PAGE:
A week at Forward
Whether in Lisbon, Paris, or Berlin, your week will be a busy one, as you will be studying for your University of London Bachelor’s and for your Leadership training together. You can expect that each week will include: academic study, entrepreneurship activities, and personal development work.
A typical week
Your week will be intense with a mix of academic work from your University of London Bachelor’s (in orange), and your Leadership training (in turquoise) such as project management and personal development.
You can see the weekly workload for the academic University of London Bachelor’s in orange, and for the Leadership training in blue on the following illustrative agendas.
Team work holds a
unique place at Forward College.
Independent student teamwork holds a unique place at Forward College. It accounts for nearly as many hours in the week as in-class activities. Across the three main cores of learning at Forward College, academic study, leadership activities and personal development, you will be asked to work in teams of three to five students to develop and complete a wide range of activities.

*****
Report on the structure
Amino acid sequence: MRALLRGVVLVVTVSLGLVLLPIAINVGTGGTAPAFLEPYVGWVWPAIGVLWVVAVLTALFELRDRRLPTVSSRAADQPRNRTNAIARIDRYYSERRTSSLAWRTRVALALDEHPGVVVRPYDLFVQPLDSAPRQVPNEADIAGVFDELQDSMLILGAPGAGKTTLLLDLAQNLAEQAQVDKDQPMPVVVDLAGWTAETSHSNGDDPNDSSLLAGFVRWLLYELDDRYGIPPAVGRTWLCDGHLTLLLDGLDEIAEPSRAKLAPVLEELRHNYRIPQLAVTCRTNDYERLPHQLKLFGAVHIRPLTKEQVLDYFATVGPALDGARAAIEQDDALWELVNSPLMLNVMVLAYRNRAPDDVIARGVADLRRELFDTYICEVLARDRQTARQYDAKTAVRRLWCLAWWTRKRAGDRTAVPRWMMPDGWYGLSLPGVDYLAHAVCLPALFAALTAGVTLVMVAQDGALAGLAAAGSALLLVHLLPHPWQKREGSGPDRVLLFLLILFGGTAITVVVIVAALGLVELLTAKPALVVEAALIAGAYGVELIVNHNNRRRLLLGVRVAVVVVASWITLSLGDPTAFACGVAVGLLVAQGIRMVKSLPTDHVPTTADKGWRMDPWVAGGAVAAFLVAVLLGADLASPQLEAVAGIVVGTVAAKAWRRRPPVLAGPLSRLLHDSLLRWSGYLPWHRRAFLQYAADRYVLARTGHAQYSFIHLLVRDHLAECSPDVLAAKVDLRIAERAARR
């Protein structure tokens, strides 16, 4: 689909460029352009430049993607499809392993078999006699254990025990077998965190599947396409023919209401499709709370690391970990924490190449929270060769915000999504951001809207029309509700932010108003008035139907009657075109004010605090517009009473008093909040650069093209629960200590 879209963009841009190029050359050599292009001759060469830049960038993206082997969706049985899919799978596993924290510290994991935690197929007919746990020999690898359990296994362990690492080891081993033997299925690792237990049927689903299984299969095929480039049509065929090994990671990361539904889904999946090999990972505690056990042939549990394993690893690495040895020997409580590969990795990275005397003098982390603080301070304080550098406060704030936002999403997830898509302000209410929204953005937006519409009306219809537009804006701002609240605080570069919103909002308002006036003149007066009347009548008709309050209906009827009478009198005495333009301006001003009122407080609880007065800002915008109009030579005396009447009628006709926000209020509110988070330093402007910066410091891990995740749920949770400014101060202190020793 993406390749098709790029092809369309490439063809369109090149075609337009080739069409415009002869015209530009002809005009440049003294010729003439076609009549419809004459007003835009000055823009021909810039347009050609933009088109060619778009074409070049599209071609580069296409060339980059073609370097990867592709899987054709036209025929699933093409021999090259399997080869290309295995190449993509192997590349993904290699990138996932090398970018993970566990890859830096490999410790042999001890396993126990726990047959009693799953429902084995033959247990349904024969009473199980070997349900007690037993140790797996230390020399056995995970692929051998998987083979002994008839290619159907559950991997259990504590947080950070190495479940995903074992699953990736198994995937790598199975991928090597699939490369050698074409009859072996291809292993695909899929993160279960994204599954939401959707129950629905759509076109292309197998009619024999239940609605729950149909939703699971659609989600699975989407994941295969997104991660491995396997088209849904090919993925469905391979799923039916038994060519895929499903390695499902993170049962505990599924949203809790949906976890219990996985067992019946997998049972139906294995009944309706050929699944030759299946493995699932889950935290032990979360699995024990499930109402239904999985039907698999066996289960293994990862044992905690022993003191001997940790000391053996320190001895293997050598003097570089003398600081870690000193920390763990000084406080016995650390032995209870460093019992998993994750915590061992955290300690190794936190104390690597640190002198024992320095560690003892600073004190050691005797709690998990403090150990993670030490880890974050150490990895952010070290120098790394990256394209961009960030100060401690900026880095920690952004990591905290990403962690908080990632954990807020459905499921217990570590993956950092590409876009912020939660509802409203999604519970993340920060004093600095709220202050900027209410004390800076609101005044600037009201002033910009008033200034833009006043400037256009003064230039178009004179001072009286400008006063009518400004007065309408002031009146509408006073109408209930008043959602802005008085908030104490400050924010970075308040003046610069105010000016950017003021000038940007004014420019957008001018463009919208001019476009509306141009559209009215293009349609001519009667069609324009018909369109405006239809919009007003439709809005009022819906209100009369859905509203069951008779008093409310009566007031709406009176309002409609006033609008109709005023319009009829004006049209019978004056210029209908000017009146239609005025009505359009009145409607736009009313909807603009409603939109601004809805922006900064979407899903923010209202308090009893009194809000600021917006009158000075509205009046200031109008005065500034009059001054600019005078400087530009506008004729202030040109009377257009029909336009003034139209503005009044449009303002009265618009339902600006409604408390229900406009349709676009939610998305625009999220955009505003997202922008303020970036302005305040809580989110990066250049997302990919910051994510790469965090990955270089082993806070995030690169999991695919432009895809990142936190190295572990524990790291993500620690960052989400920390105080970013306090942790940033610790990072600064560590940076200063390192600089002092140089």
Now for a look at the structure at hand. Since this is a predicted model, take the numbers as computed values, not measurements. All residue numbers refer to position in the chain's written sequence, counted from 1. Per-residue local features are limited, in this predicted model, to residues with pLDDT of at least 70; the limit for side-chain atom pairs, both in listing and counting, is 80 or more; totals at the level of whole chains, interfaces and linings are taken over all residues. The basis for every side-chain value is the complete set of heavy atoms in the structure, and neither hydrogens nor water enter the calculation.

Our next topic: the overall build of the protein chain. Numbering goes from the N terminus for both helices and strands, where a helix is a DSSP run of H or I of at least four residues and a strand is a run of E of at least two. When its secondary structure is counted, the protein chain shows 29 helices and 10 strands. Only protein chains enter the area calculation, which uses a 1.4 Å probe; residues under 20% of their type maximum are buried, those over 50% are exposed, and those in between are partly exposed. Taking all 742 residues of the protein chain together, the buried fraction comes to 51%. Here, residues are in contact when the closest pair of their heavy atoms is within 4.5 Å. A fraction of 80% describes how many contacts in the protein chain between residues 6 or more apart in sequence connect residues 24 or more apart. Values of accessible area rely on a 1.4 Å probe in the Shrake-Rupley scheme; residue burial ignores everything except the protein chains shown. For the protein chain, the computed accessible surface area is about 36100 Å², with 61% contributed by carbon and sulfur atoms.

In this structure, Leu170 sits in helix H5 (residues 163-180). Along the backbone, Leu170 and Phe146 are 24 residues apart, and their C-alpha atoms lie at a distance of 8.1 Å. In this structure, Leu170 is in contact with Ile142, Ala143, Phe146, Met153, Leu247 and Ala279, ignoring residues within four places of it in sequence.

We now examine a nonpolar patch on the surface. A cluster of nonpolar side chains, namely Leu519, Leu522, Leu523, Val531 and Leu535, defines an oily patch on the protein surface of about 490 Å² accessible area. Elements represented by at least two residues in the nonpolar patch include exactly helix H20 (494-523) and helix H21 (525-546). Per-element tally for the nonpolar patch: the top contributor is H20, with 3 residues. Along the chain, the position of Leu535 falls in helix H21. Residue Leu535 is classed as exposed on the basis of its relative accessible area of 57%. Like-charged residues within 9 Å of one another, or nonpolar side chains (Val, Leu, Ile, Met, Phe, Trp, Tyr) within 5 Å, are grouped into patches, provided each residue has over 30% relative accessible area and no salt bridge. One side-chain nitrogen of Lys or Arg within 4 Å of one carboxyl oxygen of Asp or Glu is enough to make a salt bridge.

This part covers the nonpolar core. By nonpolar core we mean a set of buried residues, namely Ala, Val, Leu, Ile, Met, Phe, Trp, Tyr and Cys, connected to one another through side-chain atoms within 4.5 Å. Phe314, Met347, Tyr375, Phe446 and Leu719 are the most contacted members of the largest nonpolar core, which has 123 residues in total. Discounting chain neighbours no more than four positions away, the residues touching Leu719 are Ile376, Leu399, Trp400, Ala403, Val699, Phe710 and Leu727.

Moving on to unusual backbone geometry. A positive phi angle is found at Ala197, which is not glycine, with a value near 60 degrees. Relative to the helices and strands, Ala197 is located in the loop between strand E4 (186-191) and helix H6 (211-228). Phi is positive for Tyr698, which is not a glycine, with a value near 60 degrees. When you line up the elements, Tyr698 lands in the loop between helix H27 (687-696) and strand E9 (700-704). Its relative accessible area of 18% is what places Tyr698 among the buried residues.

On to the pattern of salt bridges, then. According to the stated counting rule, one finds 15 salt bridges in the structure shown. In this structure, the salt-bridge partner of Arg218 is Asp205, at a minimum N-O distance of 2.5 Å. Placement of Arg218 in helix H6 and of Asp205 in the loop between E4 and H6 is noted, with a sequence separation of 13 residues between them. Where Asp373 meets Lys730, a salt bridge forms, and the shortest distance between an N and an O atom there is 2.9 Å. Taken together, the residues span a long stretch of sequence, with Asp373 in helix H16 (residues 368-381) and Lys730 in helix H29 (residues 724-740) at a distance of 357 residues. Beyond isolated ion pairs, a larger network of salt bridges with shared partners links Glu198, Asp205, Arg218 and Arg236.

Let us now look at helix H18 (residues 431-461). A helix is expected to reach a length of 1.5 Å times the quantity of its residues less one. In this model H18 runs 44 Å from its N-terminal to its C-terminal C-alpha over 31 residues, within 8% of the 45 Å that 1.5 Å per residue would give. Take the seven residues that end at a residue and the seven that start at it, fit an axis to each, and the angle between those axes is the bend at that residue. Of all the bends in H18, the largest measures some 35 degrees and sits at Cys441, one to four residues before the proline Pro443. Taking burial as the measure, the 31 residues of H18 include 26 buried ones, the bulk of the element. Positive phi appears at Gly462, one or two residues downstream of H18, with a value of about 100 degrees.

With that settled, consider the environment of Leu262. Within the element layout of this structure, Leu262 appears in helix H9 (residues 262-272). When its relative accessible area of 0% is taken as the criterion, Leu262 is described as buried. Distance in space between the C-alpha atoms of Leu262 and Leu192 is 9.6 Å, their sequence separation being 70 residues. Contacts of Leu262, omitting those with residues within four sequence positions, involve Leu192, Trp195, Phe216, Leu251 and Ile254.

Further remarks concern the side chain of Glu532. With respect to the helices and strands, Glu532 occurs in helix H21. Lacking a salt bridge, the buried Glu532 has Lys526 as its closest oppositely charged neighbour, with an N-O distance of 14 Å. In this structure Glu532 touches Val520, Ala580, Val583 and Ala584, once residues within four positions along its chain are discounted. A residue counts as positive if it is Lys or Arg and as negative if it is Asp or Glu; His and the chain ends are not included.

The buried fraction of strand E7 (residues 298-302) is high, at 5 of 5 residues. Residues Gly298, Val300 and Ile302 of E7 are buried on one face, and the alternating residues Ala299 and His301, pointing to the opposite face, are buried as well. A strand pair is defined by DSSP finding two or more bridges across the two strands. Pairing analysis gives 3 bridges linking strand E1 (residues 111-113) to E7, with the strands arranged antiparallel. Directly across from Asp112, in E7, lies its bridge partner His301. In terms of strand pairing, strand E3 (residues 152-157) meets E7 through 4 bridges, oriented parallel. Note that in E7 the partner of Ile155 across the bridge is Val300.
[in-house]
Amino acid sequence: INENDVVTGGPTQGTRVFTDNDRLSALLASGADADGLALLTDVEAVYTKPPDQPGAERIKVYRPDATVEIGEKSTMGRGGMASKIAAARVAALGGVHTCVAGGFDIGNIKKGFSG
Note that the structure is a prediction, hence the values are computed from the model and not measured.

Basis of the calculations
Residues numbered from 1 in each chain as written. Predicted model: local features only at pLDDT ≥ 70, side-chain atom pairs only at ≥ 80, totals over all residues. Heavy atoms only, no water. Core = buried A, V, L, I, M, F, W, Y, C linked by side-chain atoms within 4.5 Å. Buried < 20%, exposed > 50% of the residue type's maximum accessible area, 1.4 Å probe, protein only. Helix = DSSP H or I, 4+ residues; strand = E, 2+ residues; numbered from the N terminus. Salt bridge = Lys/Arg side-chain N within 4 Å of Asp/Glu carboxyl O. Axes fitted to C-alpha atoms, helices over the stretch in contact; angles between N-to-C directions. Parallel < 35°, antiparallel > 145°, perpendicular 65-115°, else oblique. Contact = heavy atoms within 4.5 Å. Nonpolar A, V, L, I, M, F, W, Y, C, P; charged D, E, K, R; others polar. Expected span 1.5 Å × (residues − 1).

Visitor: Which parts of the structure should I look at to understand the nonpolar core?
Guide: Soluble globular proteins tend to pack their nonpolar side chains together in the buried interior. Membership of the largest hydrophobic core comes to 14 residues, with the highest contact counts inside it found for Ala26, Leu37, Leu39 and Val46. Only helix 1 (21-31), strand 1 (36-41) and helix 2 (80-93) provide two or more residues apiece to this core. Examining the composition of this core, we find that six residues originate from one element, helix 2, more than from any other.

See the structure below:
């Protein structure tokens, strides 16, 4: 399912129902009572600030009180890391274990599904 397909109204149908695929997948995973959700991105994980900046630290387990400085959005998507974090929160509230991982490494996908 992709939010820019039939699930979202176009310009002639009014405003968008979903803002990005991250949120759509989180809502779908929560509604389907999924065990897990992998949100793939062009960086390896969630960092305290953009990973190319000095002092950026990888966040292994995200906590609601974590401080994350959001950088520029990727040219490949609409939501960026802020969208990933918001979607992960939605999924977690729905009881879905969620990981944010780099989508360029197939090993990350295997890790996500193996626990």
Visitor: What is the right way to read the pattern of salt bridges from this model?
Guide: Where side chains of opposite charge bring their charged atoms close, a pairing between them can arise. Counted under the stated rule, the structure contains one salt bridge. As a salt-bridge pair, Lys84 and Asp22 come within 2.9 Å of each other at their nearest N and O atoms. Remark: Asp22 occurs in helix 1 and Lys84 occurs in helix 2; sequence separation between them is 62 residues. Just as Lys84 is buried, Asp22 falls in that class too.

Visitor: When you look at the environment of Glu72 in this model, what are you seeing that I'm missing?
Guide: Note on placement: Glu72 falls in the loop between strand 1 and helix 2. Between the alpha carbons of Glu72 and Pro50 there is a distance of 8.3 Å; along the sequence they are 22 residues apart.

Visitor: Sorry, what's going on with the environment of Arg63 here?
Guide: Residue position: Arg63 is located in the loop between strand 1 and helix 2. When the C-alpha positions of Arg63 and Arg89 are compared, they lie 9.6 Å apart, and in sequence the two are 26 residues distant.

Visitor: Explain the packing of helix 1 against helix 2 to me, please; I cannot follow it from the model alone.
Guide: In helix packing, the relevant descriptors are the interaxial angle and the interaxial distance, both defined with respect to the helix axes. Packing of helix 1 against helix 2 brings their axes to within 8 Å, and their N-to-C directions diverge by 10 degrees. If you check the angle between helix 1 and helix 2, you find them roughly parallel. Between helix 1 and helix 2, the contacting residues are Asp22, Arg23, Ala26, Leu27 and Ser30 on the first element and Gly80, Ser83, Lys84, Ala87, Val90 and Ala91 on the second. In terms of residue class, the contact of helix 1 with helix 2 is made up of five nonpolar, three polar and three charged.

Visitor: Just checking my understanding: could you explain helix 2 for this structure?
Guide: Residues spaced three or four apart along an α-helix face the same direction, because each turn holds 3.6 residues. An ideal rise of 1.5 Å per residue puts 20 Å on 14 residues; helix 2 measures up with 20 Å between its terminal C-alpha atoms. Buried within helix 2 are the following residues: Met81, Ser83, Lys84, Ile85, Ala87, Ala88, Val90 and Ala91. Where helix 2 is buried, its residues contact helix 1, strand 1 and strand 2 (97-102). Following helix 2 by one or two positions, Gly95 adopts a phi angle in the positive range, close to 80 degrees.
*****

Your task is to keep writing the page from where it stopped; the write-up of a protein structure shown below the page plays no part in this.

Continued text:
Working in teams prepares you for your professional future. You will learn how to develop reciprocal relationships with your peers, plan activities and organise roles.
You can see below the list of activities relating to each core of your learning.
Teaching mostly takes place during seminars with one Forward Fellow (Member of faculty) and 15 students on average. Seminars are flipped: they are not designed to deliver content but to help students answer difficult questions, solve problems in teams, debate or simulate real-life situations after having been through the content. Students are expected to be highly engaged and come to class fully prepared which requires 4-8 hours of work before each academic seminar to:
– study their course independently (readings) and apply it and/or answer questions depending on the subject
– meet in small study groups (2-4 students) to share difficulties and support each other.